Compounding this risk is the rise of the gig economy and outsourcing. Most organizations today rely on a blend of vendors, freelancers and contractors, as well as traditional employees, to operate. In this environment of extensive collaboration and access, there is more chance of accidental data leakage – especially amongst third parties who aren’t aware of your company’s data security processes and rules.
A cloud data leak occurs when sensitive company data that is meant to be stored in a private cloud is unintentionally shared with the wider internet. It’s quite easy for this to happen. The cloud, after all, is hosted on the internet. It’s just a pocket of hidden space that can only be accessed with the right credentials and authorization levels.
Just one misconfiguration or error could result in a host of sensitive data becoming accessible to everyone on the internet – which, of course, is a huge breach of compliance regulations.
Generally speaking, there are two types of people who scan for cloud leaks: altruistic security researchers and nefarious cybercriminals. Even if your leak is discovered by security researchers who alert you, it will be almost impossible to demonstrate that hackers haven’t also accessed it.
How to combat the causes of data leakage
The four major causes of data leakage can be condensed down into two widespread issues: a lack of visibility and control over how data is used, who is accessing it and where it is stored.
On the flip side, If your IT team gains adequate, granular control over your sensitive data, they could prevent all these problems. Imagine if you could protect against the following…
- When someone accidentally tries to share a confidential file with the wrong person, the IT team could redact the sensitive information in real-time.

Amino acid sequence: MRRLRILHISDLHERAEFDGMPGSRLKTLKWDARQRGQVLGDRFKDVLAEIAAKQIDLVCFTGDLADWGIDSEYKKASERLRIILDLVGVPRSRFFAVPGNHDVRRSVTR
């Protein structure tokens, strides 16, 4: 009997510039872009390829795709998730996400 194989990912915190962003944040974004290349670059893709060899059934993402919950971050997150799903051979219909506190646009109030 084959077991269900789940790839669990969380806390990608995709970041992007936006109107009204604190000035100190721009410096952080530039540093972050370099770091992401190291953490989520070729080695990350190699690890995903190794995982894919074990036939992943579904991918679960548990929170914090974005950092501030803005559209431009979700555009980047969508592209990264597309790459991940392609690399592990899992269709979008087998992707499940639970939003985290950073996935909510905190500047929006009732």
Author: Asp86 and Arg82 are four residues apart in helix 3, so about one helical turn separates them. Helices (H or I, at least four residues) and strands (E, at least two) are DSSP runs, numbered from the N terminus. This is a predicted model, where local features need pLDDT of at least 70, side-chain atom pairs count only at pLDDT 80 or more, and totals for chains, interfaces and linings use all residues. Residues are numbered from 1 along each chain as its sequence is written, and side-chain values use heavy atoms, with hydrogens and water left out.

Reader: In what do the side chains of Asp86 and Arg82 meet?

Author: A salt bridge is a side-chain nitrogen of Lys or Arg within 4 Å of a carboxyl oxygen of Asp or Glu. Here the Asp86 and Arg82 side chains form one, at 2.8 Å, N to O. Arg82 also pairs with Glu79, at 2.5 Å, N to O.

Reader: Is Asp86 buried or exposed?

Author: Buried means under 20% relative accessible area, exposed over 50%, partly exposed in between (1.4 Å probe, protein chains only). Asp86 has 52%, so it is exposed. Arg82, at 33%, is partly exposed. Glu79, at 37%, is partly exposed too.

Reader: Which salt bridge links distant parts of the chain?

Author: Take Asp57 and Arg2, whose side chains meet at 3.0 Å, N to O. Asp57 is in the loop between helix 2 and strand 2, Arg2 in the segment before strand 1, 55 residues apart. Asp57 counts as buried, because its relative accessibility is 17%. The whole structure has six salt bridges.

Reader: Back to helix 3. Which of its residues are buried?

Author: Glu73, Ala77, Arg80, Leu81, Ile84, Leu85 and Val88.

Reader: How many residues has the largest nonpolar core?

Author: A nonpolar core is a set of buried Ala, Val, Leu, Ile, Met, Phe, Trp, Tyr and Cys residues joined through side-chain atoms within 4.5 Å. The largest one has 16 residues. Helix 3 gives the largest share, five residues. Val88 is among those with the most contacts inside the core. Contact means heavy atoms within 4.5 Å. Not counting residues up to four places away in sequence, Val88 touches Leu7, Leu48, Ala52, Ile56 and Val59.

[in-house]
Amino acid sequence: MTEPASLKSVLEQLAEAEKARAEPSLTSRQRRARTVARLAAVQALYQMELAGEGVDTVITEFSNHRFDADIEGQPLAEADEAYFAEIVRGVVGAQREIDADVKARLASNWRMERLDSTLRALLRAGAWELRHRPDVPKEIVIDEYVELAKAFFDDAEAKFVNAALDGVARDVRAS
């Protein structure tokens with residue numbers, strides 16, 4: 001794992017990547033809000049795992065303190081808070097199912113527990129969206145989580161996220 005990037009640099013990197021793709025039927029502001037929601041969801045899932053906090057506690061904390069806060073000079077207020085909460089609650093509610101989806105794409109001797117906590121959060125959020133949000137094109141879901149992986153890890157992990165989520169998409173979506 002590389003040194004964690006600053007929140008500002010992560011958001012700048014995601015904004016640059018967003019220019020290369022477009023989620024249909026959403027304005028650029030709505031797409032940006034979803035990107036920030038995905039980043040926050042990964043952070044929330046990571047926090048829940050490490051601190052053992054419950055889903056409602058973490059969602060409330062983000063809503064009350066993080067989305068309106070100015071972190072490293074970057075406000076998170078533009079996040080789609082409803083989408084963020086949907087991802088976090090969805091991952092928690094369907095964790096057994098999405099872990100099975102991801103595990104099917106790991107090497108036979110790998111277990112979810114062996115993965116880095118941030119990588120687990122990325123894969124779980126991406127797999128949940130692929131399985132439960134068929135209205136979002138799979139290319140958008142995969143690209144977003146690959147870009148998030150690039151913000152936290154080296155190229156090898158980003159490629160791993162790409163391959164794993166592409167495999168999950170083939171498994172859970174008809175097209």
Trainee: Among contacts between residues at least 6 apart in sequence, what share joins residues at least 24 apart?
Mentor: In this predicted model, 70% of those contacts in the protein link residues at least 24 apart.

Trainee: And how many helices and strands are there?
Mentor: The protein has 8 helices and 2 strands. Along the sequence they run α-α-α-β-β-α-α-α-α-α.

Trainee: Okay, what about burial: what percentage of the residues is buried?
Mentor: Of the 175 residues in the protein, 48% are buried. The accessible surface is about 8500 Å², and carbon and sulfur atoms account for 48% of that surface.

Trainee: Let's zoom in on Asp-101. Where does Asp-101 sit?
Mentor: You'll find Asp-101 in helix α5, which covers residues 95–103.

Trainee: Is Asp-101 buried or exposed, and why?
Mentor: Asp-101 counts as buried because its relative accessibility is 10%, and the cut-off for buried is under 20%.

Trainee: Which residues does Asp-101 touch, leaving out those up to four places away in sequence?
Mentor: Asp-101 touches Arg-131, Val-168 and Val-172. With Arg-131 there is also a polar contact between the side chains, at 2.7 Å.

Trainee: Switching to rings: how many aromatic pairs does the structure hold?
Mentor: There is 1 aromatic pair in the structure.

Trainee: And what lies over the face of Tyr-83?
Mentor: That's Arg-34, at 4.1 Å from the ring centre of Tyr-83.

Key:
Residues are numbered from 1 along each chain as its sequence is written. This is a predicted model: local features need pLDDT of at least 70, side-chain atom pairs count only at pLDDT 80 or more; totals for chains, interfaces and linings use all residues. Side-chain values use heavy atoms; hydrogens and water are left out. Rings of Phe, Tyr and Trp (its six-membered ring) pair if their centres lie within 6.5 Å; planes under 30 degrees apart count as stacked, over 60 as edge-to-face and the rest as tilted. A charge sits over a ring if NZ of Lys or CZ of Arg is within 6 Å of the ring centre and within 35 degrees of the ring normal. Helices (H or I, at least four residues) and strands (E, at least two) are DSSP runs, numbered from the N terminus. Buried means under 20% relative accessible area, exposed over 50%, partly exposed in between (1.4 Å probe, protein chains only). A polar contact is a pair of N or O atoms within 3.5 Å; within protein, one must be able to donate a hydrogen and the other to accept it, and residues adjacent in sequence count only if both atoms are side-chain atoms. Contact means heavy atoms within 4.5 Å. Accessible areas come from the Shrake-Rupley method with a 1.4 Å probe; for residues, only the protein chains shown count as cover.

- When an employee uses an unknown application, the IT team will be able to discover it and protect sensitive data in it.
- When a contractor tries to download lots of company data on their device from Slack, the IT team could block this action.
- When a team member unintentionally configures a cloud instance to ‘public’, your IT team receives an alert – and your sensitive data in the instance is encrypted from viewing unless the user has specific access rights.
These scenarios aren’t hypothetical either. It’s entirely possible to protect your company from data leakage in the cloud. You just need the right solutions to do it.
SaaS DLP, user awareness and zero-trust are the way forward
That’s where cloud-based data loss prevention (DLP) comes in. This is also known as data exposure prevention (DEP). These solutions work by discovering, monitoring and protecting sensitive data in cloud applications like Teams, Slack, and Google Workspace.
The best-in-breed solutions require little intervention. They use AI and machine learning to automate the process of data discovery and protection – only alerting your IT team to extremely high-risk cases that need their attention. Otherwise, the solution works in the background, ensuring that you meet your data security and compliance obligations.
SaaS DLP is best deployed in conjunction with a zero-trust mindset. To harness the power of cloud-based DLP, you will first need to classify your data based on its sensitivity and decide who should have access to what.
Zero-trust is how you determine this. It’s the idea of “trust no one, verify everyone”. Employees and third parties should only have access to data on a need to know basis. These access permissions are crucial to a successful DLP strategy.
Lastly, building a culture of security is vital. Your employees should be champions of security, not working against it. That’s exactly why our SaaS DLP solution includes nudge prompts, a form of dynamic user training that ‘nudges’ users towards healthy security behaviors as they work in SaaS applications.
Polymer DEP is a SaaS DLP that protects against data loss on modern collaboration tools like Slack, Dropbox, Zoom, GitHub, Teams, Zendesk and more with alerting & real-time redaction of sensitive and regulated information such as PII, PHI, financial and security data.